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Updated April 2008
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Botanic Park Adelaide.
March 13th-15th 1992.
However. as can be seen by the program, the actual format of Womadelaide , a Friday evening session followed by Saturday and Sunday afternoon and evening sessions. has remained essentially the same , I think there were two stages actually used in 1992, but this changed after 1993 . The Friday night concert was considerably shorter than it is now , but the concept remains more or less the same . Of course nowadays , audiences are becoming much larger . From all accounts the first Woamadelaide was a fairly cosy affair with audiences way under the 10,000 per night mark.
Economics dictate that this is just too small a figure , but it would be nice to revert to the days when the crowds were much smaller and there were fewer stages ( and less noise crossover from stage to stage to contend with). Now there are six stages , stage two has become much larger, the village has increased in size ( and moved ) and the whole site is abuzz with performers , varying from the small scale to the truly gigantic (Compagnie Carabosse ) , who turn the site into a multimedia phantasmagoria of light and sound .
From the start, children were encouraged to attend the festival , those under 14 could attend free with a paying adult, This was a move that has really paid off in terms of creating a festival audience who have literally grown up attending the festival, This has also meant that they know the protocols of good behaviour at the festival the audience behaviour has if anything, improved over the years ,with audiences intently listening , not talking throughout the acts as occasionally happened in the early years. Its always been possible to leave your gear at Womad and come back to the spot hours later and find it undisturbed, its a very honest and friendly place.
Of course , much of the ambience that is a vital part of this most wonderful of festivals is due to the site itself. Originally Adelaide festival director Rob Brookman and his co-organiser Thomas Brooman , intended the festival to be a one off and to hold it in the Adelaide Hills at Waterfall Gully oval, fortunately, they aborted this plan as the oval would have been closed on fire ban days . At short notice, they chose the Botanic Park instead, an inspired choice that many feel has blessed the festival with good luck and good vibes. The Botanic Park, which nestles next to the Botanic Gardens is only minutes from the city centre , but has the atmosphere of a tranquil section of mythical countryside, peopled with a variety of trees that one would never find in any piece of countryside. Gums share space with monkey puzzle trees, English Oaks ,Elms and majestic Morton Bay figs that tower over the stages and which provide blessed havens of shade as protection for the crowds during the heat of the day .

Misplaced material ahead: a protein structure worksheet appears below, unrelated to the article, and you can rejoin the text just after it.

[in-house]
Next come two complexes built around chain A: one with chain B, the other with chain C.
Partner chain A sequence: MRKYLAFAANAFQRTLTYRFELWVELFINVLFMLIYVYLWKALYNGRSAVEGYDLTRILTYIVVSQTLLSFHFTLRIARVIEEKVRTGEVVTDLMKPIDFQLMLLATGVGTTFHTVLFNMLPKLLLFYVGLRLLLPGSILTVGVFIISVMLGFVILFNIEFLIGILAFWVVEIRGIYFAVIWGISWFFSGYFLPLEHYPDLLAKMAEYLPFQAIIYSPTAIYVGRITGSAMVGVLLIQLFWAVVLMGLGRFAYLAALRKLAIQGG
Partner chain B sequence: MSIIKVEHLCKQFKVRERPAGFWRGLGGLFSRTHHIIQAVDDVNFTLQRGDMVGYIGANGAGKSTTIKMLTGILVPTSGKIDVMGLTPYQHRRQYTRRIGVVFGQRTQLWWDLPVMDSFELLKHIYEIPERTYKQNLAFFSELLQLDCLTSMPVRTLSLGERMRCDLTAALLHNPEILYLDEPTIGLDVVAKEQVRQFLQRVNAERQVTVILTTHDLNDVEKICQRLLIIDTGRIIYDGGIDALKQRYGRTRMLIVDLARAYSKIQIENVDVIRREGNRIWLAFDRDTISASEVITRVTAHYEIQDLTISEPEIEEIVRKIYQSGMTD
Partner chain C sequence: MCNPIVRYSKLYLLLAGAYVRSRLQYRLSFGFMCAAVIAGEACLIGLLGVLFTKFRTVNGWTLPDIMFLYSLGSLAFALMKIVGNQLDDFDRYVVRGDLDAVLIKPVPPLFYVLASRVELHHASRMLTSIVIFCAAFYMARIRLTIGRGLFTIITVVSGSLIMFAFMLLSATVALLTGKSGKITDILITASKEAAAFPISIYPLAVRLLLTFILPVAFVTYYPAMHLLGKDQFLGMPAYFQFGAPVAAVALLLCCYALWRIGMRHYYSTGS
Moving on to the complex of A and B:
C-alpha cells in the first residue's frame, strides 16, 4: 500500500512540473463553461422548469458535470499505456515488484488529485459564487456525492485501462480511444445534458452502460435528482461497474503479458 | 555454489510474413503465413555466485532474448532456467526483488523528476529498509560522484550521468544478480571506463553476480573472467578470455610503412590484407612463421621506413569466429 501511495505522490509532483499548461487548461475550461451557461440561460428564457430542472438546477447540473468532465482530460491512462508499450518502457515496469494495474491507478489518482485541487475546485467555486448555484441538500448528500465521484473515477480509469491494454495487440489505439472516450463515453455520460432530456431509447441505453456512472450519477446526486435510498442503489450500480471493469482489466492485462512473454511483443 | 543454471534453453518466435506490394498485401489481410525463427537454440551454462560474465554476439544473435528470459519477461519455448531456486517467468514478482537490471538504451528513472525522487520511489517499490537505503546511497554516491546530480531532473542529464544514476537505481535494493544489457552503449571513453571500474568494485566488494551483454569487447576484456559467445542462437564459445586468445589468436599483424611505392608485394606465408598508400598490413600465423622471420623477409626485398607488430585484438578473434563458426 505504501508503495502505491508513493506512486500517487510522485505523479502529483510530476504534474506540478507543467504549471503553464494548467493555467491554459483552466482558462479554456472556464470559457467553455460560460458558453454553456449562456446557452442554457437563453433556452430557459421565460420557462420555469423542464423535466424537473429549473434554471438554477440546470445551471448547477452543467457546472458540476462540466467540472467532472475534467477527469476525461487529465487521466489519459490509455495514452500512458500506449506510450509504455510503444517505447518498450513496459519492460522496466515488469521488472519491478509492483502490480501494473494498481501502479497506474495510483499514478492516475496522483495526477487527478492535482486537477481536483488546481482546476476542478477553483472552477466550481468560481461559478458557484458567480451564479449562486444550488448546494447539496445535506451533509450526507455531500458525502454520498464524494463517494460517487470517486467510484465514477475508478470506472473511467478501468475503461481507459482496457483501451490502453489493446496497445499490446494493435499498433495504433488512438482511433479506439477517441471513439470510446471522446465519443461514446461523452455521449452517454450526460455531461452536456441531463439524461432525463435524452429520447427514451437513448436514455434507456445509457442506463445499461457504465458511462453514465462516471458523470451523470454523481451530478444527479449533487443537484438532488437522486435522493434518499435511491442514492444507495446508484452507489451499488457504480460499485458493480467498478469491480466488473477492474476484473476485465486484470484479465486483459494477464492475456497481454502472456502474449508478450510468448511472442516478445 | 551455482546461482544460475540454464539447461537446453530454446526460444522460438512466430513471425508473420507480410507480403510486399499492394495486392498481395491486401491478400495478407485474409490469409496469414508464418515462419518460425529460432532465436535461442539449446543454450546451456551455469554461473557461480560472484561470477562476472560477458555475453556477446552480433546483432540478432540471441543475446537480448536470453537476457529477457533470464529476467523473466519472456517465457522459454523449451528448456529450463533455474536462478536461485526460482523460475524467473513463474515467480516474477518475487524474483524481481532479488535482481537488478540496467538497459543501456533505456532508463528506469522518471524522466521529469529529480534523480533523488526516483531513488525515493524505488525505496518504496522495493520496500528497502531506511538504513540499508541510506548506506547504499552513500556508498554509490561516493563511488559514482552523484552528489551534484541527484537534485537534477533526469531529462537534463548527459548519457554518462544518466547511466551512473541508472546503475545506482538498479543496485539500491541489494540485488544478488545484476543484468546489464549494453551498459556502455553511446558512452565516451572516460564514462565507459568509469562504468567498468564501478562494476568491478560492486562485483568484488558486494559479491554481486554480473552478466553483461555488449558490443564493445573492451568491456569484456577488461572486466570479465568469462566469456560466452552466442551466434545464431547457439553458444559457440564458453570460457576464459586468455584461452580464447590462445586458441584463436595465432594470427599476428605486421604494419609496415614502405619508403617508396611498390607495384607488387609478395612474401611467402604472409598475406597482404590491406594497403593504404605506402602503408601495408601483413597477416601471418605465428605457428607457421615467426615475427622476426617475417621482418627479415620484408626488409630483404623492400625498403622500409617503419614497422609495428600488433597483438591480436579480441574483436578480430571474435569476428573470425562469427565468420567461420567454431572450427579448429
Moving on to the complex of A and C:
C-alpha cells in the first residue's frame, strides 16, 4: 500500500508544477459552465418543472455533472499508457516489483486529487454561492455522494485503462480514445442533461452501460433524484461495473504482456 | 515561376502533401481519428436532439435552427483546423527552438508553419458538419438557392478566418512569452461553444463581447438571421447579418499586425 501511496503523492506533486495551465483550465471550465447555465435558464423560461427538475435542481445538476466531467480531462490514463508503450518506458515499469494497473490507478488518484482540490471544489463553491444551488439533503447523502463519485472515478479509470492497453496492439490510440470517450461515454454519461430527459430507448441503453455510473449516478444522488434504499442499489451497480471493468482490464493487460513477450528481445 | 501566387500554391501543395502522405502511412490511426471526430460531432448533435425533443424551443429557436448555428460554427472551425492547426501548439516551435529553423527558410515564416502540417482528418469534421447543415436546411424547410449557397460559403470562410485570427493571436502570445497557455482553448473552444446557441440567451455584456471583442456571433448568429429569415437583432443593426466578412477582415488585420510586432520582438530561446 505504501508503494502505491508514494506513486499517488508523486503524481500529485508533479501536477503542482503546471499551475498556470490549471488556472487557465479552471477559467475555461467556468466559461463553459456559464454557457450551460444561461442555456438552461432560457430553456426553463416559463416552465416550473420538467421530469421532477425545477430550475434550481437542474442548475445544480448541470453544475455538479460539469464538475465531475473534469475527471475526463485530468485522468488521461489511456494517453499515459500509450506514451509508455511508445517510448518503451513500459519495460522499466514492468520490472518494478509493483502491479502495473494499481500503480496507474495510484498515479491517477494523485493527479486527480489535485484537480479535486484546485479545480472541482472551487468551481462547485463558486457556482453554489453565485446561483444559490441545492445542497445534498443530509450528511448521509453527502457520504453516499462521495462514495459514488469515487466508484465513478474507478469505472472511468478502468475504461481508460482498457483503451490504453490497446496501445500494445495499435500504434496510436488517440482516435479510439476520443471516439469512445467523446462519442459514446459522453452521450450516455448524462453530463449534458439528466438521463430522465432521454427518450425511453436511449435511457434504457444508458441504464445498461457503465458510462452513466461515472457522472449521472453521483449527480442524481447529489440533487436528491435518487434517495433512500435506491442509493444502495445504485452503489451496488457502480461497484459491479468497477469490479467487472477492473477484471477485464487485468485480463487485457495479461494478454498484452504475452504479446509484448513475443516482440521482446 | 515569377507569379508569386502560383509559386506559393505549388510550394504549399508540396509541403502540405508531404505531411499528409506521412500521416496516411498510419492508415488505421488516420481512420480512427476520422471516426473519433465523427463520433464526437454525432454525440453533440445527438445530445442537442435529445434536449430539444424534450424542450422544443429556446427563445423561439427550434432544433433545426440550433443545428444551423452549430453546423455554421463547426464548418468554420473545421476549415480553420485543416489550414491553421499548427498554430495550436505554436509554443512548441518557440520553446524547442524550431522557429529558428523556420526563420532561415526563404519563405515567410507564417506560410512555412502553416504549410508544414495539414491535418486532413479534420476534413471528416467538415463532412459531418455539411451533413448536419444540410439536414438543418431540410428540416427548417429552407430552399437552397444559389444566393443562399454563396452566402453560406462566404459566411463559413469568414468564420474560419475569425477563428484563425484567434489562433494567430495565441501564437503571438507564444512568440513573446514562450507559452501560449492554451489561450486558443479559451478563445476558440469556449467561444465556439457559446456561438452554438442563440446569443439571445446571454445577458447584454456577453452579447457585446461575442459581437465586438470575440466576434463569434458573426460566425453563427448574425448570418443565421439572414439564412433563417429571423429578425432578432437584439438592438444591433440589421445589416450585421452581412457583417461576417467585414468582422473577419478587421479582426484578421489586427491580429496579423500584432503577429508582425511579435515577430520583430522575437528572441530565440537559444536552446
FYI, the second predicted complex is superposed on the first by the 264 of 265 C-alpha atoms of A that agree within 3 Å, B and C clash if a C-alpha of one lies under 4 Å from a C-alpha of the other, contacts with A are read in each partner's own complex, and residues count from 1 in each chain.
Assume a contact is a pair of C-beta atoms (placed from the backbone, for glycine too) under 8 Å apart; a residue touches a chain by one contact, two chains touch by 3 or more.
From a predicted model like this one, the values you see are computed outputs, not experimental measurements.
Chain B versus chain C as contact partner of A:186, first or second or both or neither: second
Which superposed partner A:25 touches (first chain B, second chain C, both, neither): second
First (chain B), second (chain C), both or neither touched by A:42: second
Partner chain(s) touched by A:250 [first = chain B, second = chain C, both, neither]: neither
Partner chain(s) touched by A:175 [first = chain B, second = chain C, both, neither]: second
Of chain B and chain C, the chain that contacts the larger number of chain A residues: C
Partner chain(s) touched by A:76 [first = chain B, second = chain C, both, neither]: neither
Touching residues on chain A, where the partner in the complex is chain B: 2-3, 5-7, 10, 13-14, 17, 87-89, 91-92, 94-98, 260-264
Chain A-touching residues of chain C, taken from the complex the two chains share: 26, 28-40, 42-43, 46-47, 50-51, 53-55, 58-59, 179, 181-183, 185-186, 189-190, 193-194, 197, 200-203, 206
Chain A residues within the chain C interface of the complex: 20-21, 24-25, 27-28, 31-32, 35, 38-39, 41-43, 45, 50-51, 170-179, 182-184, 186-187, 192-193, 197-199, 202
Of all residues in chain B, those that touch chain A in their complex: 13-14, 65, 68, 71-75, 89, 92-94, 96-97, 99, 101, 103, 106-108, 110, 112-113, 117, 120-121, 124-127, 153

So successful was the first festival that on the Sunday night the organisers announced on the spur of the moment that it would be repeated in 1993, even though they had no plans or funds to do so. Nevertheless, they managed to pull off the feat of organising a major three day event at such short notice, with a bill that probably supassed even 1992 in scale and quality.
After 1993 the festival was scheduled very two years to fall on a year when the Adelaide festival was not held. It was felt that it was not possible to draw sufficient crowds to both events simultaneously , However, since 2003 the e festival has been held yearly and crowds have increased exponentially every year, even when the "other " festival is being held !
Three day passes were priced at $98/$80 concession, with one person under 14 admitted free on each adult ticket. Daily tickets cost $25-$45. Now they are around $100 for a day night pass ! However, it was also possible to buy group tickets at reduced prices , an excellent tactic that continues to this day !
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Links to articles on the 1992 festival.
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